One of spring’s rarest ingredients just because the season is so short.

I was delighted when I found some today and decided to make a pasta with it.



Shitake Mushrooms

Smoked Salmon

Spinach, whole wheat, and regular spaghetti

Zest of a Meyer lemon


Whole grain mustard

White wine

Creme Fraiche

 The lovely ramps

The Meyer lemon is from my sister’s tree!

Perfect lunch before an intensive session of spring cleaning!


Crispy Purple Kale

Here’s my new obsession: 

I bought too much kale at the farmers’ market the other week and had to figure out how to eat it. I’ve been getting slightly bored with my usual braised kale with cider vinegar recipe. So I googled “purple kale recipe” and found this: http://smittenkitchen.com/2010/03/baked-kale-chips/

I tore the kale into bite size pieces, pre-heated the oven to 350 degrees, and lay out the leaves on a baking sheet. I sprinkled it with a little olive oil and gave it a light toss. Once the oven was ready, I popped the sheet in and waited about 6 minutes.

The baked kale turned out to be delicious! The bitterness was replaced with a earthy nuttiness and the crunch was unbelievably satisfying.


Pretty in Pink Onions

Pink is my favorite color. It has been for awhile, although I try to hide it from time to time.
I used to pretend that my favorite color was red because I didn’t want to come off too girly.

But I have to confess that something about pink just makes my heart sing.

The energy I feel from pink makes me so giddy that I decided to have the wall in my office painted bubble gum pink. Well, to be honest, it was a mistake on my part because I thought the color read cranberry but it turned out to be pink.

Today, I decided to make some pickled red onions.
I love them as garnish in tacos, salads, and sandwiches!

I filled a medium saucepan with water and placed it on the stove. As I waited for the water to boil, I sliced up one HUGE red onion and poured 1 cup of apple cider vinegar into a measuring cup. Once the water reached a rowdy boil, I dumped the sliced onions in and blanched it for 1 min. I drained the onions and put them back into the sauce pan, poured the vinegar into the pot, and added cold water until it just covered the onions. I added a teaspoon of salt and gave the mixture a whirl. After returning the vinegar/onion soup to a boil, I let it simmer for 1 min and then transferred everything into a glass jar and let it cool.
WARNING: Be prepared to open all windows after this process because the vinegar becomes saturated in the air.

The result: beautifully pink tinted, crisp, and refreshing onions!

The pickled onions almost match the color of my office walls!

Woah, doesn’t that look cool?

Three nights of chili

My Sunday Chili:

1 pound ground grass fed beef

1 onion

1 carrot

2 celery stalks

2 garlic cloves

1 1/2 cup  mixture of dry black beans, pinto beans, garbanzo, and lentils (soaked and cooked separately until tender)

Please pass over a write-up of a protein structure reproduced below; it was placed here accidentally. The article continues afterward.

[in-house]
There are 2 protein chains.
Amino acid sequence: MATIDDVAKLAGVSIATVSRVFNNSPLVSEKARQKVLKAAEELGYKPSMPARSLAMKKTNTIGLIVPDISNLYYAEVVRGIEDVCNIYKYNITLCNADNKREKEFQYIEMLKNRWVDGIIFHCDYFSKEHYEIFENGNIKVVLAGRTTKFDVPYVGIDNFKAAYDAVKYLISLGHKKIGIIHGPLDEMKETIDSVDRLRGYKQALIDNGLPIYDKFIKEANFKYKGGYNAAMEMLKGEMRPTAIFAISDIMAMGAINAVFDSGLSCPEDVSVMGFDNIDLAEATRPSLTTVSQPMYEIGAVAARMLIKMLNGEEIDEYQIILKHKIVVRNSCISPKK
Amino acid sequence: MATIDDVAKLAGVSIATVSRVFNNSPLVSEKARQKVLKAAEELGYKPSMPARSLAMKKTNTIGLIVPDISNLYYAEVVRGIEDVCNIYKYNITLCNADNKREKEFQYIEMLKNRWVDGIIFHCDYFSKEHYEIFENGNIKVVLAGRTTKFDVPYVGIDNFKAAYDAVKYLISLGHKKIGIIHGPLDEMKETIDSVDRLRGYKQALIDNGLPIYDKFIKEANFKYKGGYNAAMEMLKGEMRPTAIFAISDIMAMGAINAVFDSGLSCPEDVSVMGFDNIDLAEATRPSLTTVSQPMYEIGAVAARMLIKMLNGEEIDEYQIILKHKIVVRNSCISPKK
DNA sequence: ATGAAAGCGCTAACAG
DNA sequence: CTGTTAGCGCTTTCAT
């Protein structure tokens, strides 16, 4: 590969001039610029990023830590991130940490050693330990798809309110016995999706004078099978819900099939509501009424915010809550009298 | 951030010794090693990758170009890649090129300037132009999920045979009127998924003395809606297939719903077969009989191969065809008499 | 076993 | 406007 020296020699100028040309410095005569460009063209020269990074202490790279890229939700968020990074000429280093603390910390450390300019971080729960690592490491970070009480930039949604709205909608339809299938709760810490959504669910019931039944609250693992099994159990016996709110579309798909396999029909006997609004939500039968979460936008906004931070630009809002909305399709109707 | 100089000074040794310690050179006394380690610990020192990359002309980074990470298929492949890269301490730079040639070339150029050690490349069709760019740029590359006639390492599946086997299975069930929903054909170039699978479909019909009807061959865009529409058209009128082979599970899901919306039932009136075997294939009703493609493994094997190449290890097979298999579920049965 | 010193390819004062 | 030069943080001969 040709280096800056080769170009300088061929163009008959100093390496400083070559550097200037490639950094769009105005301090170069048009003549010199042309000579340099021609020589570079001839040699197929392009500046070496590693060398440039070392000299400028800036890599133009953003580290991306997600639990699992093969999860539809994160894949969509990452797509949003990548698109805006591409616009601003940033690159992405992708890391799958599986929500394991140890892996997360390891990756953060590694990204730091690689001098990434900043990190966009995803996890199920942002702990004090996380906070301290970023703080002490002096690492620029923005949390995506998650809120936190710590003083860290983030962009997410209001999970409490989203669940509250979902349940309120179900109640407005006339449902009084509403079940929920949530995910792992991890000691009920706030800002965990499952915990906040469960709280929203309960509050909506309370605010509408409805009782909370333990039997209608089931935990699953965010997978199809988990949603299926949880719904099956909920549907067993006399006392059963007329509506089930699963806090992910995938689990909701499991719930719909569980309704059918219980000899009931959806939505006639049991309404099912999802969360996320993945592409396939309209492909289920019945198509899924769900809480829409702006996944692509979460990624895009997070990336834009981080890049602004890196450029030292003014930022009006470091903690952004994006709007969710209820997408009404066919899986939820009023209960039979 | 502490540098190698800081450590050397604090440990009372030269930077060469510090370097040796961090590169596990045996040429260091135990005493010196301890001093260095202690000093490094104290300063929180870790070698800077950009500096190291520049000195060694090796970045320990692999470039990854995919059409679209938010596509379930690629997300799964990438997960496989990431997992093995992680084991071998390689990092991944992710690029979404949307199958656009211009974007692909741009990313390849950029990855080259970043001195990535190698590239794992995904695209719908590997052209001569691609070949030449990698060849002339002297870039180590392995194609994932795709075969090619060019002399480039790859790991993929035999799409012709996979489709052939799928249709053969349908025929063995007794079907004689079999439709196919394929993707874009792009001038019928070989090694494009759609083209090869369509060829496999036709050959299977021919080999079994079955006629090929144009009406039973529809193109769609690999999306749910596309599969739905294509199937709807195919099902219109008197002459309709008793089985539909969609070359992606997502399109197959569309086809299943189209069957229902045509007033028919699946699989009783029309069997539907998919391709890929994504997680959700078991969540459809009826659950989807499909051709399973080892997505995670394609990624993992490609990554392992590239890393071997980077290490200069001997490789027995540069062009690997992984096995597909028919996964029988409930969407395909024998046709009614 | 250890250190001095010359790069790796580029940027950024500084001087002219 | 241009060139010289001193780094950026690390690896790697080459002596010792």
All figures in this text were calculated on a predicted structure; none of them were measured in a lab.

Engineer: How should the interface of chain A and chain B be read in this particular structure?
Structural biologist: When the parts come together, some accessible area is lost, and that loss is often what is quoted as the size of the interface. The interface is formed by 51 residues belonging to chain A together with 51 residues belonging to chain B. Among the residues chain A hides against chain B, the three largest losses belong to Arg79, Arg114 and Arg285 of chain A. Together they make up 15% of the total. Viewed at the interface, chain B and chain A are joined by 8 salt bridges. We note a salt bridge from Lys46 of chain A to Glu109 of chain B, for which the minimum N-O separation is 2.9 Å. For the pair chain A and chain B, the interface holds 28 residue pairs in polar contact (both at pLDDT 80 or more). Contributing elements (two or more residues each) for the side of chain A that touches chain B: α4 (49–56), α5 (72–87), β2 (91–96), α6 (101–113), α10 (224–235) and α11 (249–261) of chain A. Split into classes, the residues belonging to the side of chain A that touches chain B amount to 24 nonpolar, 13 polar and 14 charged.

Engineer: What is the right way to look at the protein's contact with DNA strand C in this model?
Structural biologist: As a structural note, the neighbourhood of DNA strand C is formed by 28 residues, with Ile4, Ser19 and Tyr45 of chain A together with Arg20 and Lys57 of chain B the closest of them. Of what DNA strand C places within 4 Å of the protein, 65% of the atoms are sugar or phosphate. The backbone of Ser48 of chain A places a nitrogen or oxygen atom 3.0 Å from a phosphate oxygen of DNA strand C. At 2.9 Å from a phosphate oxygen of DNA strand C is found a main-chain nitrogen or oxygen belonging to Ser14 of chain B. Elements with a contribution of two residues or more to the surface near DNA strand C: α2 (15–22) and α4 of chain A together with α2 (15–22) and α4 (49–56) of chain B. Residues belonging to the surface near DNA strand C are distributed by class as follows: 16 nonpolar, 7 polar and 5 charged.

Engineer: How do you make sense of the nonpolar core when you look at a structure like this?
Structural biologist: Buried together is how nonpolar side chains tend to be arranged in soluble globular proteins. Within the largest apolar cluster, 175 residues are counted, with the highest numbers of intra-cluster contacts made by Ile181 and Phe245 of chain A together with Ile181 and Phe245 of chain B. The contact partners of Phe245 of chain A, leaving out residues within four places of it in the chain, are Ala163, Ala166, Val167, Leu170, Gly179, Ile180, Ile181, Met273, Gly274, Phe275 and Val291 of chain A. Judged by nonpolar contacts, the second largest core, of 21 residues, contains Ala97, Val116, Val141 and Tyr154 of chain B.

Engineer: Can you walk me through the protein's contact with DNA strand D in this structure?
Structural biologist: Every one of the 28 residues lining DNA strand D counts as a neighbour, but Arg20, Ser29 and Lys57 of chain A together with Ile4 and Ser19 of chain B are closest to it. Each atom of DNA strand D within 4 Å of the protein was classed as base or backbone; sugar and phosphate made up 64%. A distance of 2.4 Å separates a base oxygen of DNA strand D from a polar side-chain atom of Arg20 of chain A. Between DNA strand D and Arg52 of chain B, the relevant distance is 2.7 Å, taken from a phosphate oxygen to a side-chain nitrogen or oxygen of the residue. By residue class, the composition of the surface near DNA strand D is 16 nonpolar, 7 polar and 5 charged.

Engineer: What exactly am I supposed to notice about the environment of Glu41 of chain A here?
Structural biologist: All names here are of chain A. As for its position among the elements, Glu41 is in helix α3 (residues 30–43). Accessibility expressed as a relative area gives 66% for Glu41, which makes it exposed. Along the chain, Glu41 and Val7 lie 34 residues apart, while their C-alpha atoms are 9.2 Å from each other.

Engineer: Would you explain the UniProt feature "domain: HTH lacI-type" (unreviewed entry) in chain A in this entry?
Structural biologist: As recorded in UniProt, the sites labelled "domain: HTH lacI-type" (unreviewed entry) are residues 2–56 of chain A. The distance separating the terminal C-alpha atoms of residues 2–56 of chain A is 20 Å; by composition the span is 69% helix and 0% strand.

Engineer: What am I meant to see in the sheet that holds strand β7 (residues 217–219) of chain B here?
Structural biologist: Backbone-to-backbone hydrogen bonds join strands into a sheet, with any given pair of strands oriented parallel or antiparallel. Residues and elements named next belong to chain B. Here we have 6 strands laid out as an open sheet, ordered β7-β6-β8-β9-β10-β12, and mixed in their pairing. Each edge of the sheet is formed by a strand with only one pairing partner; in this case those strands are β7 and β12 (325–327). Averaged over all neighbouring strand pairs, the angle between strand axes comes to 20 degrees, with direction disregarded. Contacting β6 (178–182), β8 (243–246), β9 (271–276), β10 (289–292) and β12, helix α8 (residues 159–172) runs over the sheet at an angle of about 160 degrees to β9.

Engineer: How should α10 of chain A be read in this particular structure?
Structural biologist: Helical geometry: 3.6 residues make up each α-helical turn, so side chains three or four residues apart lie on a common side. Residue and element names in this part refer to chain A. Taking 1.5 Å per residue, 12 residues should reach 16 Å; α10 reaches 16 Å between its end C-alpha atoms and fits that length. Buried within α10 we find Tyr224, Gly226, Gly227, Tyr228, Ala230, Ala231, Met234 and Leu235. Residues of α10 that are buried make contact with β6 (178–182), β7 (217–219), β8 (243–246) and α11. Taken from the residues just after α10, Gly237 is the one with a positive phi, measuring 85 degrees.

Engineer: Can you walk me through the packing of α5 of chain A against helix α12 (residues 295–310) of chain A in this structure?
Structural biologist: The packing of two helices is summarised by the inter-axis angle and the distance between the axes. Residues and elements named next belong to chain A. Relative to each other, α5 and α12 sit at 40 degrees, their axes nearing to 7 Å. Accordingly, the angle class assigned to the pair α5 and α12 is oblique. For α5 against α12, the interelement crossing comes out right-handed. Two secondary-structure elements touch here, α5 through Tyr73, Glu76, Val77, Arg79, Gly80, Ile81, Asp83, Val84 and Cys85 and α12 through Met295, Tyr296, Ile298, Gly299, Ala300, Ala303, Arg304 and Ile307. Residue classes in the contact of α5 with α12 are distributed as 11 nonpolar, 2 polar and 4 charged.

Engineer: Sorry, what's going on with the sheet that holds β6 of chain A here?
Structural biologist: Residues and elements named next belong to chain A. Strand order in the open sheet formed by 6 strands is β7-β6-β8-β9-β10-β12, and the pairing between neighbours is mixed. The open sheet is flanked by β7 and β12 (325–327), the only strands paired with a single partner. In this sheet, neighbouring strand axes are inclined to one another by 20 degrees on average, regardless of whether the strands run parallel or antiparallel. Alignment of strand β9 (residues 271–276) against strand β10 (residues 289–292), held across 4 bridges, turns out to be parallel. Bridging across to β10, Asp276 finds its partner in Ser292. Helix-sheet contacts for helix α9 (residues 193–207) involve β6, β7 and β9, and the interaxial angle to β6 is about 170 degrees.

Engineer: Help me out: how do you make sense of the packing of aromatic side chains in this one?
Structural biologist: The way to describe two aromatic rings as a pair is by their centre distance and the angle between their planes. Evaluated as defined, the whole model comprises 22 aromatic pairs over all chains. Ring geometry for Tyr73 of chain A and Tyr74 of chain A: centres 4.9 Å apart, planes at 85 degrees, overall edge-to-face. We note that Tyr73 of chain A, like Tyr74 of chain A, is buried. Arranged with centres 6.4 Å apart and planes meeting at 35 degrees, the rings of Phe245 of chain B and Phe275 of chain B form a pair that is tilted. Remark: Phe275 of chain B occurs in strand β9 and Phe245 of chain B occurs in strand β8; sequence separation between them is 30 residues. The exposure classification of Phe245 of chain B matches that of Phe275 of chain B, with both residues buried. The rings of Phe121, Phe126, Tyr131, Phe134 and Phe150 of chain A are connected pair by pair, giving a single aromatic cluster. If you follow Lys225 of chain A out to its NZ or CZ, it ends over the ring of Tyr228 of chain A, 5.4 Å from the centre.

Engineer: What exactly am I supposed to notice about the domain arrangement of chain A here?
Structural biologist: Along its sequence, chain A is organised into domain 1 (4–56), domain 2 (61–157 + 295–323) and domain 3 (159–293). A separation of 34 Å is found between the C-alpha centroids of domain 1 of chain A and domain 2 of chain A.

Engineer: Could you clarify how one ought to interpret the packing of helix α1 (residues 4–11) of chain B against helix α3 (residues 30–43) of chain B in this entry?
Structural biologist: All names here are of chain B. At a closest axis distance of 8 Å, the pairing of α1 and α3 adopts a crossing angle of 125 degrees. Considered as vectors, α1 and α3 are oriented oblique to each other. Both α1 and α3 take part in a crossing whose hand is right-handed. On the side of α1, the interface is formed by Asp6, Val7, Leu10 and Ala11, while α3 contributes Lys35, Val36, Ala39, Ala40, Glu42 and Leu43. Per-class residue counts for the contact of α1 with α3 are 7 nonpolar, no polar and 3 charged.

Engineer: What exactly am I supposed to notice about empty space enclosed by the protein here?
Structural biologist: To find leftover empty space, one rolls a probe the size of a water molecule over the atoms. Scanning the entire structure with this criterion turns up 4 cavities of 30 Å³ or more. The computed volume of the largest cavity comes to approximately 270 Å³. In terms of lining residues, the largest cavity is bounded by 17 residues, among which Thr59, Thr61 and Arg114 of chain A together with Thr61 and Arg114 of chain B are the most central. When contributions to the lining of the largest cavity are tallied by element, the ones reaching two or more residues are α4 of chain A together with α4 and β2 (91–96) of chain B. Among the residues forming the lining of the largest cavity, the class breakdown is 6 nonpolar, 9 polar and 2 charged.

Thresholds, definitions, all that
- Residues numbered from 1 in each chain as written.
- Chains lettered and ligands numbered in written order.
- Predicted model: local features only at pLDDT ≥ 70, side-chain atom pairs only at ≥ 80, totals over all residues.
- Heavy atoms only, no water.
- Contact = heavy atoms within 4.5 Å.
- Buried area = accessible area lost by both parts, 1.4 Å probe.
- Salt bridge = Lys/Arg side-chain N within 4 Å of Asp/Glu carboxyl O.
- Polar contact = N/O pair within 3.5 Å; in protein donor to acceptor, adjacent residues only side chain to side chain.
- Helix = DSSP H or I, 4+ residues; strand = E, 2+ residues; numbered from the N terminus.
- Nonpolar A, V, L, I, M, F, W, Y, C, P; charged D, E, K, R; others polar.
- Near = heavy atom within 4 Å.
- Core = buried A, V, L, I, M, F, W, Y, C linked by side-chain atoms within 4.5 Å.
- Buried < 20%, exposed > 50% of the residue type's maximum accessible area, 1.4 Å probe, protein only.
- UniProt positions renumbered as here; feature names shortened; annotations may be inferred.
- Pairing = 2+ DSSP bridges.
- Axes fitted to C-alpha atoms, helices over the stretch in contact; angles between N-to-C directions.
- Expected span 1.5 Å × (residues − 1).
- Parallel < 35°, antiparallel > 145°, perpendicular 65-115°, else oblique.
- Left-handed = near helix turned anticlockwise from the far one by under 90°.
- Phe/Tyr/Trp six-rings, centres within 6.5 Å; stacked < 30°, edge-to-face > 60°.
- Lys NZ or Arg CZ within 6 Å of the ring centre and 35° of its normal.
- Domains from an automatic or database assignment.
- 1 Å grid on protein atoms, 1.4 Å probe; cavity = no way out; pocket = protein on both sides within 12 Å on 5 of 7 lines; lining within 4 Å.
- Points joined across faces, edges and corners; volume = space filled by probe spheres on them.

1 can of stewed tomatoes

1 serrano pepper

1 jalapeno pepper

1 bottle wheat beer

1 cup homemade chicken broth

Liberal squirts of tomato paste from a tube

Spices: Penzys’ chili 3000, oregano, cumin, paprika, crushed red pepper, coriander powder, dried jalapeno flakes, and chinese five spice

I let the chili slowly cook for 4 hours in my dutch oven. For the last 20 mins, I uncovered the pot and prepared the garnishes: sour cream, red onion, cheddar cheese, and cilantro.


First night: classic bowl of chili

Second night: Chi-Hoon’s version of Cincinnati chili

I’ve always been curious about the Cincinnati chili but when I saw Guy Ferrari pull up to some chili joint in Ohio that wasn’t Skyline and ate six-way chili (deep fried jalapeno poppers was the 6th component), I decided I had to try an altered version of the five-way ( chili, spaghetti, cheese, onions, and beans).

It was really good! I’m not going to question anyone who swears by the Cincinnati style anymore.

Third night: nachos!

The thick corn tortilla chips really added crunch to these nachos!

Now I have one more night’s worth of chili sitting in my fridge. I’m willing to experiment.

Please share some “wild” ideas!

Roast Chicken

Goal for this week: Minimize food waste and grocery shopping!

I’ve been putting myself to the test.

Will I be able to use up all the produce/meat that have been in my fridge and freezer the past two weeks?
I want to be out of food for my trip to the farmers’ market this Saturday.

So far this week, I’ve made stir fried bok choi and broccoli, tofu, and halibut steaks and spicy shrimp curry.

Today I’m making roast chicken and roasting brussel sprouts, carrots, celery, potatoes, and onion along with it. I’m hoping that this will last me until Friday. I’ll make chicken salad and chicken soup out of the meat and bones with what is leftover tonight.

My sister shared Jamie Oliver’s very simple recipe with me a few years ago. I absolutely love this version because it calls for a full bulb of garlic.

In the mood to make some roast chicken? Check out the full recipe here.

I had to improvise by using a blood orange instead of a lemon but I think it is going to turn out well.

How do I know? It just smells incredible in my kitchen. I wish you were here now to smell for yourself!